PEST analysis stands for "Political, Economic, Social, and Technological analysis" and describes a
framework of macro-environmental factors used in the environmental scanning component ofstrategic
management. The model has recently been further extended to STEEPLE and STEEPLED, adding
education and demographics factors.It is a part of the external analysis when conducting a strategic
analysis or doing market research and gives a certain overview of the different macroenvironmental
factors that the company has to take into consideration. It is a useful strategic tool for understanding
market growth or decline, business position, potential and direction for operations.
The growing importance of environmental or ecological factors in the first decade of the 21st century
have given rise to green business and encouraged widespread use of an updated version of the PEST
framework. STEER analysis systematically considers Socio-cultural, Technological, Economic,
Ecological, and Regulatory factors.
• 1 The Model's Factors
• 2 Applicability of the Factors
• 3 Use of PEST Analysis with Other Models
• 4 References
• 5 External links
The Model's Factors
Political factors, or how and to what degree a government intervenes in the economy.
Specifically, political factors include areas such as tax policy, labour law, environmental law,trade
restrictions, tariffs, and political stability. Political factors may also include goods and services
which the government wants to provide or be provided (merit goods) and those that the
government does not want to be provided (demerit goods or merit bads). Furthermore,
governments have great influence on the health, education, and infrastructure of a nation.
Economic factors include economic growth, interest rates, exchange rates and the inflation rate.
These factors have major impacts on how businesses operate and make decisions. For example,
interest rates affect a firm's cost of capital and therefore to what extent a business grows and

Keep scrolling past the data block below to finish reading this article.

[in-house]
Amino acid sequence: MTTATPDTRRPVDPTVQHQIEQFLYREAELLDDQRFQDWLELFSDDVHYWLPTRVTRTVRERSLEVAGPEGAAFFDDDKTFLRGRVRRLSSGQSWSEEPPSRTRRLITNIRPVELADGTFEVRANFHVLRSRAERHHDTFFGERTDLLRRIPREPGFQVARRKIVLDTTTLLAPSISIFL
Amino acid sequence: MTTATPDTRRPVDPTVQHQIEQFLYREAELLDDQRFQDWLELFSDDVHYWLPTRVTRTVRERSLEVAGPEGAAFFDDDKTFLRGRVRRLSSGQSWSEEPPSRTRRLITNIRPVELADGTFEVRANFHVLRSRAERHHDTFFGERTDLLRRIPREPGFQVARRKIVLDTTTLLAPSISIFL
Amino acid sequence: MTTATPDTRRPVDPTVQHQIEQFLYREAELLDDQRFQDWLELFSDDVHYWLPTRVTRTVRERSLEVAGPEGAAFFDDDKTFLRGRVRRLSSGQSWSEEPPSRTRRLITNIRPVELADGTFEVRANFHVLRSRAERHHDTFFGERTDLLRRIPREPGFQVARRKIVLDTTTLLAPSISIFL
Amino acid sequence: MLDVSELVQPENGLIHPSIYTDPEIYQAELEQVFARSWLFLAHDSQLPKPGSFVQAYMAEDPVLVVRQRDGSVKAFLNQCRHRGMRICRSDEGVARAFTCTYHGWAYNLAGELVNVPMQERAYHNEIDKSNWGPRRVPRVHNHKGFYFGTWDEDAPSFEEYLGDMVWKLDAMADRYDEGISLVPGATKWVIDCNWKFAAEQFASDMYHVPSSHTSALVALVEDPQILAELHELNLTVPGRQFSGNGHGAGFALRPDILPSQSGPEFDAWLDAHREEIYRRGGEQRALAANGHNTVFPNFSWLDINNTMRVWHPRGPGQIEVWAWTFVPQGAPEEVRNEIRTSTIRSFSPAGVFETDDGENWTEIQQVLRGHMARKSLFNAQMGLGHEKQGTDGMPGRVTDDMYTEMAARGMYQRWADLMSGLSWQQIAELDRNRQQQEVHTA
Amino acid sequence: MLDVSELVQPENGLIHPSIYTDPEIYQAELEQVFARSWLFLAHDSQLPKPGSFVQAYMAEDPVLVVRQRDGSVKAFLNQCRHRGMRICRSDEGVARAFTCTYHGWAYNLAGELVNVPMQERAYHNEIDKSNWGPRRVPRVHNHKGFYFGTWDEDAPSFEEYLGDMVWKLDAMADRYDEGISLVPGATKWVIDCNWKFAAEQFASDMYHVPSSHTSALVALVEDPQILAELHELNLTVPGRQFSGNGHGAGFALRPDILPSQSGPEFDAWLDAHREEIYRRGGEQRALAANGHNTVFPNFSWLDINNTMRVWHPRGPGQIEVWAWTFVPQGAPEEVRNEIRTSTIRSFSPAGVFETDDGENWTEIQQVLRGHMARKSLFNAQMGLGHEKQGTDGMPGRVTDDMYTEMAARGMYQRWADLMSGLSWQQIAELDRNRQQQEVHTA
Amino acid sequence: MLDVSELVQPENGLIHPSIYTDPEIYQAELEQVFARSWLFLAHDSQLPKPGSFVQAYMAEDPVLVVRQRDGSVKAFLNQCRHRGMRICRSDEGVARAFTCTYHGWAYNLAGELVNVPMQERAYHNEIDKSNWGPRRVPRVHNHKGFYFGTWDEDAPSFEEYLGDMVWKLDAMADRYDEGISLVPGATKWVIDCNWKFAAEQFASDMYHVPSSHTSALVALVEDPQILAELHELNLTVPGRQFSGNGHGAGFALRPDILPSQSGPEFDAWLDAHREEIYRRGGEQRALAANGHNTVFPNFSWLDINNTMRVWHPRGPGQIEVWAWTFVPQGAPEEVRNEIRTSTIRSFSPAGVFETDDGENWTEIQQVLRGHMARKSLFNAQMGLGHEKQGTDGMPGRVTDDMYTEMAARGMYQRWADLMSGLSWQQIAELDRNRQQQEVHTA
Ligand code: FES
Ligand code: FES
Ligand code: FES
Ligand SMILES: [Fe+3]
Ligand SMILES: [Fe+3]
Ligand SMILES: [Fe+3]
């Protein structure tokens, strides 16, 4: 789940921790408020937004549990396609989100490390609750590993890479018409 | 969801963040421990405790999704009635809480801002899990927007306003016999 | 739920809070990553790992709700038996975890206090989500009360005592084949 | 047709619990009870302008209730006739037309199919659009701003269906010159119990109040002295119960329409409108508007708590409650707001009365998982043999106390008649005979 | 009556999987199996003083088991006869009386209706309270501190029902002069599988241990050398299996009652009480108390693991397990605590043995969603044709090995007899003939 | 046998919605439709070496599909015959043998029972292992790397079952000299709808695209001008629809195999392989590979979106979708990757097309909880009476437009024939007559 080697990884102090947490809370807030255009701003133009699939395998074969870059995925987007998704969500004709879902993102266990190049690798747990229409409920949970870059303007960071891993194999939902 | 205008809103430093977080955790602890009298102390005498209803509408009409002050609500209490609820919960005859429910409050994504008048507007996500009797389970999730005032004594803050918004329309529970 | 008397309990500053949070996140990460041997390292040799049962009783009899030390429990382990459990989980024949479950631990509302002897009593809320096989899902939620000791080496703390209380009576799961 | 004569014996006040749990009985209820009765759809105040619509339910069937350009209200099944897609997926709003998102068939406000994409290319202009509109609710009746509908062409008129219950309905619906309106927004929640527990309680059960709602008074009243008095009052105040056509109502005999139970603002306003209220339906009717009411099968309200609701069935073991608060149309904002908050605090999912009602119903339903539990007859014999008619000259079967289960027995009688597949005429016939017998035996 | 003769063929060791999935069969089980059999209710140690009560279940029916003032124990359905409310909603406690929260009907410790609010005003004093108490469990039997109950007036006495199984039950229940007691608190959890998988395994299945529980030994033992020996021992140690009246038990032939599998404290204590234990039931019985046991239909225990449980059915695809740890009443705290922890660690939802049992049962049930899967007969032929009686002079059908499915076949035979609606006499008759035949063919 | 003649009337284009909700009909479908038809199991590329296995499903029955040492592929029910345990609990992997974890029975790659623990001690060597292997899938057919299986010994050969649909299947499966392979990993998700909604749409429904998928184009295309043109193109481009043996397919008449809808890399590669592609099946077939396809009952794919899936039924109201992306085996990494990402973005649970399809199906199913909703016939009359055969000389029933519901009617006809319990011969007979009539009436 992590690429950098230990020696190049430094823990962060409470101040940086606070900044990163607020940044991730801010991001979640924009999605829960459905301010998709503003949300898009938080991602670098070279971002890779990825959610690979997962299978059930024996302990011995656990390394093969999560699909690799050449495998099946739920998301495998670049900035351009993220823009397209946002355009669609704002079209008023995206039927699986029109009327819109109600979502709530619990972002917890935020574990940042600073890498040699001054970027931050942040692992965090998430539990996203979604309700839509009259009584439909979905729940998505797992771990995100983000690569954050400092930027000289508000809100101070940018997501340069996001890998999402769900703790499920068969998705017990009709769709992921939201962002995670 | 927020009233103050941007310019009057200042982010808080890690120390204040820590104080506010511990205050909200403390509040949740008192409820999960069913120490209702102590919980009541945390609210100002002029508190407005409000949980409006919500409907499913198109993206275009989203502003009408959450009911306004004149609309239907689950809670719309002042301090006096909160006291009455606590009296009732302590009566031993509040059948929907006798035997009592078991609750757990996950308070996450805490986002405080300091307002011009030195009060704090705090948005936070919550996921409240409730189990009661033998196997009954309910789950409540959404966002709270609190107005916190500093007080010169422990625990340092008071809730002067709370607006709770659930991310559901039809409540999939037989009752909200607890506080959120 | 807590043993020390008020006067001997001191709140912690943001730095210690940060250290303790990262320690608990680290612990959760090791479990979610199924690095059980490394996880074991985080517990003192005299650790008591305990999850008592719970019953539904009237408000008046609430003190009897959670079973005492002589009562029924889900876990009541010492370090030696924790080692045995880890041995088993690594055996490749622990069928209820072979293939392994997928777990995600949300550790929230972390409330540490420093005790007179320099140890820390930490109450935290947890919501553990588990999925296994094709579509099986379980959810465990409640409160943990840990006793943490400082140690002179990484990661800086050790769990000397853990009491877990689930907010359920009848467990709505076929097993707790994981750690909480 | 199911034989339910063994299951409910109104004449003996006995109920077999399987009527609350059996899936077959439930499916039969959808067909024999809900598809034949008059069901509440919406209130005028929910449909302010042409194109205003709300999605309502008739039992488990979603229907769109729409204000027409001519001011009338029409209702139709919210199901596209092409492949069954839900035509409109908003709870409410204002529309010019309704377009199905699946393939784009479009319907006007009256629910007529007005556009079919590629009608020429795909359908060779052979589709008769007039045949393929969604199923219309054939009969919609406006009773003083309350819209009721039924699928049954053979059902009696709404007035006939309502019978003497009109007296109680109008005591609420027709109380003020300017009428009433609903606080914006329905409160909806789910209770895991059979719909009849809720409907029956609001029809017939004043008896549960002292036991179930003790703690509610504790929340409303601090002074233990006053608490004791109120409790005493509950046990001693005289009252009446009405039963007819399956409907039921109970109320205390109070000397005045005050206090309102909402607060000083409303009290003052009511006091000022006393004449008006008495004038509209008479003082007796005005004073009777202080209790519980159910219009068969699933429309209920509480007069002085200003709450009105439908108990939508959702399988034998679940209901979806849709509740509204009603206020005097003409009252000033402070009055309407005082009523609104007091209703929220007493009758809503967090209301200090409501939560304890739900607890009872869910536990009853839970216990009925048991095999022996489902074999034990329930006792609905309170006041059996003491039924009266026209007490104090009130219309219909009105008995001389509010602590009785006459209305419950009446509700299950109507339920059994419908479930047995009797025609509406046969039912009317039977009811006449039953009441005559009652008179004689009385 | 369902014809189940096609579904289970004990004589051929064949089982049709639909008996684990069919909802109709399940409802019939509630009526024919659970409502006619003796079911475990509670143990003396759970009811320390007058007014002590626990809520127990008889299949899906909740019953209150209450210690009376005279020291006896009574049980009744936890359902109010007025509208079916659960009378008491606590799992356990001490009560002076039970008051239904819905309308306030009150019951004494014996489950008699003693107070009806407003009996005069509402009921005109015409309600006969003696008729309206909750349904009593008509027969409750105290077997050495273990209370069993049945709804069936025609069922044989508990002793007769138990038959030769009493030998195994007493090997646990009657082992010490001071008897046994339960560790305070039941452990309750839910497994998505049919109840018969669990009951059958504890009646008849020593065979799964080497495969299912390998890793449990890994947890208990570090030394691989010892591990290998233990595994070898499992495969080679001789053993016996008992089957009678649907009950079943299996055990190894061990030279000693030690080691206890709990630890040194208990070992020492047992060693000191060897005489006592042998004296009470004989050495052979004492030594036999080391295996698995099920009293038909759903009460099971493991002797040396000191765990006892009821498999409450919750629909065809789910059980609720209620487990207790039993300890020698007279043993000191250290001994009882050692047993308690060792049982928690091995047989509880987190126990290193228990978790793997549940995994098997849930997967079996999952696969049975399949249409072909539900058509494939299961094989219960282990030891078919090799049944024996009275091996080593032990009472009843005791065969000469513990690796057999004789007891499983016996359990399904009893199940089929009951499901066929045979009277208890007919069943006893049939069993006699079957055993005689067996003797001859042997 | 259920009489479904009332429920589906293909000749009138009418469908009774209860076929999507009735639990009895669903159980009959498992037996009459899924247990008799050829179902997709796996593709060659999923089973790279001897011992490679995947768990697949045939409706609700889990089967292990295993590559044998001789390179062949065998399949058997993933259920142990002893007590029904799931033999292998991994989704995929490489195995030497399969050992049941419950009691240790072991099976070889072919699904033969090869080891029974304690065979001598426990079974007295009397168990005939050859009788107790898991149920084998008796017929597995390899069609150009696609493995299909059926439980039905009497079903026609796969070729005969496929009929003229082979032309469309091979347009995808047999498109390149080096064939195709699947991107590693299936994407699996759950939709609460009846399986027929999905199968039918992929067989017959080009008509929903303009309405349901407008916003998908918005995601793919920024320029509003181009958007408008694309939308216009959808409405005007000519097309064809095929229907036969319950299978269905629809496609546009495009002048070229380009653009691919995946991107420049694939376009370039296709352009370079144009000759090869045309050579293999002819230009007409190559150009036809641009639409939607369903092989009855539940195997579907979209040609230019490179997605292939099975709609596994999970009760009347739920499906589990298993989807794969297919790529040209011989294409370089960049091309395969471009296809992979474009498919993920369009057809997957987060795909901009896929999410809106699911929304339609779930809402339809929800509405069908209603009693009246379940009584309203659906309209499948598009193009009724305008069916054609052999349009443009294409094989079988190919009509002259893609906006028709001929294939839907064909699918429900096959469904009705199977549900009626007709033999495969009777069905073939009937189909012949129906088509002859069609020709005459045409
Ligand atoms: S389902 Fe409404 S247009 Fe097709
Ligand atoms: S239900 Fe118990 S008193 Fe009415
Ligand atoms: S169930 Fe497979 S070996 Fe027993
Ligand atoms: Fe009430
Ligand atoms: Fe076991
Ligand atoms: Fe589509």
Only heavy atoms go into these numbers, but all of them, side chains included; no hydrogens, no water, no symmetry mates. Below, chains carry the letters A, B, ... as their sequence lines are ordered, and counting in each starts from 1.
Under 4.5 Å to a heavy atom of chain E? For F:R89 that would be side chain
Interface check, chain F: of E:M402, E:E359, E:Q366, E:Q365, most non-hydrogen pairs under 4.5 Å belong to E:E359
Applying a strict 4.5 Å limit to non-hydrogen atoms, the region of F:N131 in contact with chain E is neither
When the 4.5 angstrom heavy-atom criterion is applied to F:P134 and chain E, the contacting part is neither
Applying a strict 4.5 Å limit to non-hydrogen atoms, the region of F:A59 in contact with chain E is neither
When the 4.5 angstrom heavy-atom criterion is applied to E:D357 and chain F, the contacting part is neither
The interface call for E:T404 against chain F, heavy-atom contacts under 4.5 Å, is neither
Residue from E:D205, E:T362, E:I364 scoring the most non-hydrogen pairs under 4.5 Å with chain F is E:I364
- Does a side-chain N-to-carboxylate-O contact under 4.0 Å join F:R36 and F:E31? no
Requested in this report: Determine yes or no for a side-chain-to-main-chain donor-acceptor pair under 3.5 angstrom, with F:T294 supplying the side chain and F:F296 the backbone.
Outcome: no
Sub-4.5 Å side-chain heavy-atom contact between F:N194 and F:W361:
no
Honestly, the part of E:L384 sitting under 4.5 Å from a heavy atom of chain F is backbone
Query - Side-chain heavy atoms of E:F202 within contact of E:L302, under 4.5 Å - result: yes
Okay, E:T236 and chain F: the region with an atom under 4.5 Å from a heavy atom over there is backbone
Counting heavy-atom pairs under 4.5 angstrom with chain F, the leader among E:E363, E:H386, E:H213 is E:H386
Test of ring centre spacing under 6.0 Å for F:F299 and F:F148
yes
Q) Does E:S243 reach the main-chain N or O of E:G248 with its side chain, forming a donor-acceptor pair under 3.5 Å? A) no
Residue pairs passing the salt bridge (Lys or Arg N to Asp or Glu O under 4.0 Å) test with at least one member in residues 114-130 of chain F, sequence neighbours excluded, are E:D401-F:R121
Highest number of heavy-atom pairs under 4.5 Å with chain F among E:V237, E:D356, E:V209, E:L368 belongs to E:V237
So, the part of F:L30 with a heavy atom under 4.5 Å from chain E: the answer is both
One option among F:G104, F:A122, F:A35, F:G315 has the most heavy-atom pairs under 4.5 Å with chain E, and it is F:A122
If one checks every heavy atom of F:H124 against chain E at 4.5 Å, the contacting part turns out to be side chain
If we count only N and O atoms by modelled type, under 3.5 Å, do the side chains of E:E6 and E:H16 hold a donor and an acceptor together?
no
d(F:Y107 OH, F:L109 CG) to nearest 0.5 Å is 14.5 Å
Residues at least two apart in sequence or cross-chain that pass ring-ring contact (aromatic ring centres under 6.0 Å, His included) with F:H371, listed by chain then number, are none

expands. Exchange rates affect the costs of exporting goods and the supply and price of imported
goods in an economy
Social factors include the cultural aspects and include health consciousness, population growth
rate, age distribution, career attitudes and emphasis on safety. Trends in social factors affect the
demand for a company's products and how that company operates. For example, an ageing
population may imply a smaller and less-willing workforce (thus increasing the cost of labor).
Furthermore, companies may change various management strategies to adapt to these social
trends (such as recruiting older workers).
Technological factors include ecological and environmental aspects, such
as R&D activity,automation, technology incentives and the rate of technological change. They can
determinebarriers to entry, minimum efficient production level and
influence outsourcing decisions. Furthermore, technological shifts can affect costs, quality, and
lead to innovation.
Legal factors include discrimination law, consumer law, antitrust law, employment law, andhealth
and safety law. These factors can affect how a company operates, its costs, and the demand for
Environmental factors include weather, climate, and climate change, which may especially affect
industries such as tourism, farming, and insurance.Furthermore, growing awareness to climate
change is affecting how companies operate and the products they offer--it is both creating new
markets and diminishing or destroying existing ones.
Applicability of the Factors
The model's factors will vary in importance to a given company based on its industry and the goods it
produces. For example, consumer and B2B companies tend to be more affected by the social factors,
while a global defense contractor would tend to be more affected by political factors. Additionally,
factors that are more likely to change in the future or more relevant to a given company will carry
greater importance. For example, a company who has borrowed heavily will need to focus more on the
economic factors (especially interest rates).
Furthermore, conglomerate companies who produce a wide range of products (such as Sony, Disney,
or BP) may find it more useful to analyze one department of its company at a time with the PESTEL
model, thus focusing on the specific factors relevant to that one department. A company may also
wish to divide factors into geographical relevance, such as local, national, and global (also known as
Use of PEST Analysis with Other Models
The PEST factors combined with external micro-environmental factors can be classified as
opportunities and threats in a SWOT analysis. PEST/PESTLE alongside SWOT and SLEPT can be used
as a basis for the analysis of business and environmental factors.
1. ^ "PEST: Political, Economic, Social, and Technology Analysis". The Decision
Group.http://www.decide-guide.com/pest.html. Retrieved on 2009-01-27.
2. ^ "PESTEL analysis of the macro-environment". Oxford University Press.
Retrieved on 2009-01-27.
PEST analysis method and examples from Businessballs.com
PESTLE analysis history and application from the CIPD